BEACON EMR HIPAA Disclaimer Site Map Social Media
BayCare Health System
Community Benefit Financial Assistance Policy Quality Report Card Health Library News Dr.BayCare Find Us
Services Hospitals Find A Doctor Classes & Events About Us Careers Contact Us Get E-Newsletter
HealthDay Articles & Information
 Back  Back


May We Help You?
 

Call 1-877-692-2922
Monday-Friday, 8am to 5pm

Persons with hearing and speech disabilities can reach the above number through TDD and other specialized equipment by calling the Florida Relay Service at 711.

Contact Us
Send 
e-mail
Search jobs


Decrease (-) Restore Default Increase (+) Font Size
Print    Email
Search Health Information   

Hepatitis C Virus Levels Higher in Certain Injection Drug Users

Blacks, men, people with HIV had more virus, which affects treatment response: CDC

FRIDAY, July 13 (HealthDay News) -- Among injection-drug users in the United States infected with hepatitis C, virus levels are highest among blacks, males and those who are also infected with HIV, the virus that causes AIDS, a new study finds.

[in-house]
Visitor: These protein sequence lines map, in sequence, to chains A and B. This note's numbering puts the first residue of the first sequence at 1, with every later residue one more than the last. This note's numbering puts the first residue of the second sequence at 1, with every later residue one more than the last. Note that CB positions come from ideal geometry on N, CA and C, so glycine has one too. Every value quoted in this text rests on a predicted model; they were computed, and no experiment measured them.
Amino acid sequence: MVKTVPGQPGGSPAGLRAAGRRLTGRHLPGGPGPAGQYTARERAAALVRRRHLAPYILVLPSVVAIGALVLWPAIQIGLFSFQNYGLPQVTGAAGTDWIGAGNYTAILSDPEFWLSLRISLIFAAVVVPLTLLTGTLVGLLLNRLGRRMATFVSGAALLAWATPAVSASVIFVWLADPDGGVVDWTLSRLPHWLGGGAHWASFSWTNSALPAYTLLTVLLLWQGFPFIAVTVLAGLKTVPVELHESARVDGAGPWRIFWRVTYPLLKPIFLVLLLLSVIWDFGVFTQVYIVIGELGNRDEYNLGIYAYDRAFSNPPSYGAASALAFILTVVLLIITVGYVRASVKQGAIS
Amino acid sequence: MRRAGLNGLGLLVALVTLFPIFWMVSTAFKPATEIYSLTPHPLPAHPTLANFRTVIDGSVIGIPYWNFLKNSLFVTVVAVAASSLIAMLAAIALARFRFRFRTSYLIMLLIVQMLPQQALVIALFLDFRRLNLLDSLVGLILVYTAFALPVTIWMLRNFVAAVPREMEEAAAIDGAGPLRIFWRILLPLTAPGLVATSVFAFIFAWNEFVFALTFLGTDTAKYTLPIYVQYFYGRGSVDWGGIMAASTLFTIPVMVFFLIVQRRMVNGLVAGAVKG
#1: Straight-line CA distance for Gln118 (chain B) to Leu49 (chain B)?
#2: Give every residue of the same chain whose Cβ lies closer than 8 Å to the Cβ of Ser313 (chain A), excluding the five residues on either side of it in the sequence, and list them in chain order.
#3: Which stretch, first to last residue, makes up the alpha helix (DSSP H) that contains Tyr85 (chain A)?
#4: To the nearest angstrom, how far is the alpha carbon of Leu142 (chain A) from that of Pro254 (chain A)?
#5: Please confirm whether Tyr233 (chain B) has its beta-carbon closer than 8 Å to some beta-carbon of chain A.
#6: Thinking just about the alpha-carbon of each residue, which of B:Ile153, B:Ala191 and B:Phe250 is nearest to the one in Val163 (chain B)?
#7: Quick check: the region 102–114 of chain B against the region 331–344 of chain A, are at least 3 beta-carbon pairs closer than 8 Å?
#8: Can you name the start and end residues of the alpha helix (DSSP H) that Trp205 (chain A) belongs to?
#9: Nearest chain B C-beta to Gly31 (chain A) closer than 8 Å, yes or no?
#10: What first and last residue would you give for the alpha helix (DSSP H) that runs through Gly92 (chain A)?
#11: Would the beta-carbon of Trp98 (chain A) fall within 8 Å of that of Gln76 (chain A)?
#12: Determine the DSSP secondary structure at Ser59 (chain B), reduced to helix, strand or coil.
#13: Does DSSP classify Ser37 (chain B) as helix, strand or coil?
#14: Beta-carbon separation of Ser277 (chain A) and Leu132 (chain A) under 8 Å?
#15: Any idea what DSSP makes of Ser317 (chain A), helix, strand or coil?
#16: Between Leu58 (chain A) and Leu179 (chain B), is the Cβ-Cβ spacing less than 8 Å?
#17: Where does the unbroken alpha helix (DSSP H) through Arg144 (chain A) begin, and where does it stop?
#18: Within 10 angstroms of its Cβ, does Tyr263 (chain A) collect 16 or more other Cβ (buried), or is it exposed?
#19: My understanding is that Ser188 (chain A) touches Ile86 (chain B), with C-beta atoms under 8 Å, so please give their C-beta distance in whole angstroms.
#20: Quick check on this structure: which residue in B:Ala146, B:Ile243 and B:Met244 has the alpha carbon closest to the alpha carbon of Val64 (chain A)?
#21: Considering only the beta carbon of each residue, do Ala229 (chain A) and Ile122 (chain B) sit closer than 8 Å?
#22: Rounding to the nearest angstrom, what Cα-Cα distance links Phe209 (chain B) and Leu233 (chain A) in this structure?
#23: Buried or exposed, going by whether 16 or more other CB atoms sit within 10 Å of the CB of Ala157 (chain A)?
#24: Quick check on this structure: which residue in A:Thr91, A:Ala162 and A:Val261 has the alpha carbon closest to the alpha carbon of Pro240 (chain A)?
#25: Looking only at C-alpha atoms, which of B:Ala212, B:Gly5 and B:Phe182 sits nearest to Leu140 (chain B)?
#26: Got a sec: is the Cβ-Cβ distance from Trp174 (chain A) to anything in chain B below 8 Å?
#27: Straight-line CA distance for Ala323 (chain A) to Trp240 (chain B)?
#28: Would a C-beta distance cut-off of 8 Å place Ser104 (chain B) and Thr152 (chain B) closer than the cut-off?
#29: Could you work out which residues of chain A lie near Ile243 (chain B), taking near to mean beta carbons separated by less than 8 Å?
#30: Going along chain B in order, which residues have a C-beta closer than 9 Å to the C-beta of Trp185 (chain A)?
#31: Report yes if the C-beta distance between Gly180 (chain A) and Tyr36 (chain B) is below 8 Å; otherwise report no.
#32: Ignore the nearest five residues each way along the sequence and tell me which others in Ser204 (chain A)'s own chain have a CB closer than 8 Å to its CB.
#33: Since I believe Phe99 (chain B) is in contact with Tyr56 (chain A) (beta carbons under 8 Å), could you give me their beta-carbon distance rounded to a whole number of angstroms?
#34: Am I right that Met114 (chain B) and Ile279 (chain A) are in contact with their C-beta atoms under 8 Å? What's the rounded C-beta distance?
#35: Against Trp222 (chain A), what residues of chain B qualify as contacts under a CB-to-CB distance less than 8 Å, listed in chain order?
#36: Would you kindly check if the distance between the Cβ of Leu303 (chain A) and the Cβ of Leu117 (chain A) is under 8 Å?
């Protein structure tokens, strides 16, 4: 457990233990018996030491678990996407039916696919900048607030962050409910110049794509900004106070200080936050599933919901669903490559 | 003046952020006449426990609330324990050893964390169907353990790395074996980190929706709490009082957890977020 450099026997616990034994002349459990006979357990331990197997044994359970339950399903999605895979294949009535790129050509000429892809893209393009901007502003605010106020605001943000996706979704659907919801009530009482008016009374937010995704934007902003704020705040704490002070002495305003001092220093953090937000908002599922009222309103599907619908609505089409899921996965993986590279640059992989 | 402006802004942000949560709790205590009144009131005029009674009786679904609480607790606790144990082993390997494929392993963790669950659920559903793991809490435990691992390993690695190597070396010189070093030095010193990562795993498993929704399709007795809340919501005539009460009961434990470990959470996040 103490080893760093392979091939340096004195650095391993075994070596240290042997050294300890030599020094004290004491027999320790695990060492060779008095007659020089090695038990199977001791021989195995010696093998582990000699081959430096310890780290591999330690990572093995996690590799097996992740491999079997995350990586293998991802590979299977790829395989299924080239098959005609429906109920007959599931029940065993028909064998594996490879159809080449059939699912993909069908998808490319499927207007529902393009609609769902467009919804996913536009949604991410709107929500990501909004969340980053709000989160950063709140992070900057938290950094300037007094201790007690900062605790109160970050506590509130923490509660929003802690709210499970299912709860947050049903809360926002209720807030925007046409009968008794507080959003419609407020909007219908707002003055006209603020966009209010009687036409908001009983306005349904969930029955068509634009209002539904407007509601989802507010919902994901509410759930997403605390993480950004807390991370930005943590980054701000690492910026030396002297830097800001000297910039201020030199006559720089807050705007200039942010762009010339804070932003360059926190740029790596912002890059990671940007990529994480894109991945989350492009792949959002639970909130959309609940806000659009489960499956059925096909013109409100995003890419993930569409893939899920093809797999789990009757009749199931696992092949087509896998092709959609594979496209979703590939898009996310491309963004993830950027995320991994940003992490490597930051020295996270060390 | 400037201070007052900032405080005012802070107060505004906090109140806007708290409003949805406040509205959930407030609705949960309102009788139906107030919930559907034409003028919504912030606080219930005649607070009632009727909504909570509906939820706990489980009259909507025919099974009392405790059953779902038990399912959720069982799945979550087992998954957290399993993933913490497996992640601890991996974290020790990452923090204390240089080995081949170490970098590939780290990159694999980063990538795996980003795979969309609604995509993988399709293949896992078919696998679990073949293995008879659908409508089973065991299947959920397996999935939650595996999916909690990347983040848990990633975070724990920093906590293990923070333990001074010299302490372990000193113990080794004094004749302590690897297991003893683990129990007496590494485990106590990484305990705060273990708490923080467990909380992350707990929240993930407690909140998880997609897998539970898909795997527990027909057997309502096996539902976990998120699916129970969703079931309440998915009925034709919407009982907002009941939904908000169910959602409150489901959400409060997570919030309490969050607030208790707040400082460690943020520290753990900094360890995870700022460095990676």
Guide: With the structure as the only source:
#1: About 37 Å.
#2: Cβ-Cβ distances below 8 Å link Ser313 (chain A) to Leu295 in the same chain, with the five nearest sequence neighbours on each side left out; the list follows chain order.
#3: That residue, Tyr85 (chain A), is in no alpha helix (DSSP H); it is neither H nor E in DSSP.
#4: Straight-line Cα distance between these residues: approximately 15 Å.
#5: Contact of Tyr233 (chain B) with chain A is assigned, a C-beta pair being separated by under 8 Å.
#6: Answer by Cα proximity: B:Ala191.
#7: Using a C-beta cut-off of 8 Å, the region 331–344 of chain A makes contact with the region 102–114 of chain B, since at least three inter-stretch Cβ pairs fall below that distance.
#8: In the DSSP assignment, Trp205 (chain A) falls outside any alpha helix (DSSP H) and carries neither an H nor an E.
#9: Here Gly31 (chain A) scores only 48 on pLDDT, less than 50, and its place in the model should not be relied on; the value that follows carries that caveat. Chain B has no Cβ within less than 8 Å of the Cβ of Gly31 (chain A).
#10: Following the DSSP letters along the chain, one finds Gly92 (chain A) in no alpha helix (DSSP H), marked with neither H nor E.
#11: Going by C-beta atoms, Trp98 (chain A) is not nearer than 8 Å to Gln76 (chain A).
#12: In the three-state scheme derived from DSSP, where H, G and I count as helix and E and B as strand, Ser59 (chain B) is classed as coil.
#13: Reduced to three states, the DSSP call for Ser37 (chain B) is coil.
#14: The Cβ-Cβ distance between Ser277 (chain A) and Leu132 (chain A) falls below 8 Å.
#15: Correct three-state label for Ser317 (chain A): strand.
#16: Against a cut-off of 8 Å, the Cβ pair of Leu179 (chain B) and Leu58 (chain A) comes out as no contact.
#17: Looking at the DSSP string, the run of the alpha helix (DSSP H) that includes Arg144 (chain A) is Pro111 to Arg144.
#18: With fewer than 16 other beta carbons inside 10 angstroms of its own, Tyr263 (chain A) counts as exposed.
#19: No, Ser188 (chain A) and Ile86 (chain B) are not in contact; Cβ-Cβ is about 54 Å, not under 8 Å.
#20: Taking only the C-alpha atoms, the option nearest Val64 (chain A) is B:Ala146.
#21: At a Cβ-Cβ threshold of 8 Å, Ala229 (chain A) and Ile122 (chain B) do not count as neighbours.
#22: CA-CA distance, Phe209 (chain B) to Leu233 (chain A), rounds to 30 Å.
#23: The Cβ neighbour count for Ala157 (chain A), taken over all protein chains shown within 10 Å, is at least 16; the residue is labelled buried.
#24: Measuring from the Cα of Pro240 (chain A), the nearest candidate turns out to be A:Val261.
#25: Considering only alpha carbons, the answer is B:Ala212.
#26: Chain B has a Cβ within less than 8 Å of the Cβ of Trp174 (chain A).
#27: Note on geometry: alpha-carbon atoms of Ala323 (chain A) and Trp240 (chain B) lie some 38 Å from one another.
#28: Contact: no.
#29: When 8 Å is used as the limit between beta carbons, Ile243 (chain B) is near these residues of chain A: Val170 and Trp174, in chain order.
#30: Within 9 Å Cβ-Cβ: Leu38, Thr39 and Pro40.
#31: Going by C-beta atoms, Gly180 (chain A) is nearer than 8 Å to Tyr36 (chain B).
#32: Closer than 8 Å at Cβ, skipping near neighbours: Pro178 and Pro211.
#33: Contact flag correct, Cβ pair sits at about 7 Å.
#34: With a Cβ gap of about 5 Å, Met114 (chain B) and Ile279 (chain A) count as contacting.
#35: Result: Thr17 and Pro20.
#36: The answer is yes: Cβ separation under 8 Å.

A 2010 report from the U.S. Centers for Disease Control and Prevention estimates that up to 3.9 million Americans have chronic hepatitis C infection, which is a leading cause of liver cancer, end-stage liver disease and liver transplantation.

The study was published in the July issue of the journal Hepatology.

Previous research indicates that one-third of injection-drug users aged 18 to 30 -- and up to 90 percent of older users -- are infected with the hepatitis C virus. With such high rates, it's important to learn more about the characteristics of infection in this group of people, Dr. Thomas O'Brien, of the Division of Cancer Epidemiology and Genetics at the U.S. National Cancer Institute, said in a journal news release.

O'Brien also noted that hepatitis C virus levels predict treatment response in people with chronic hepatitis C.

O'Brien and colleagues looked at approximately 1,700 black, Hispanic and white injection-drug users in San Francisco. Nearly 75 percent of the participants were men. Their average age was 46 and the average age at which they first used injection drugs was 18.

"We know that the level of [hepatitis C virus] is an important predictor of treatment response and that these levels seem to be influenced by a number of demographic, clinical, viral and human genetic factors," O'Brien concluded.

Hepatitis C virus causes long-term infection in up to 85 percent of people with the virus, according to the U.S. National Institute of Allergy and Infectious Diseases.

More information

The U.S. National Institute of Allergy and Infectious Diseases has more about hepatitis C.


SOURCE: Hepatology, news release, July 10, 2012

Copyright © 2012 HealthDay. All rights reserved.


Serving The Tampa Bay Area © Copyright 2014 BayCare Health System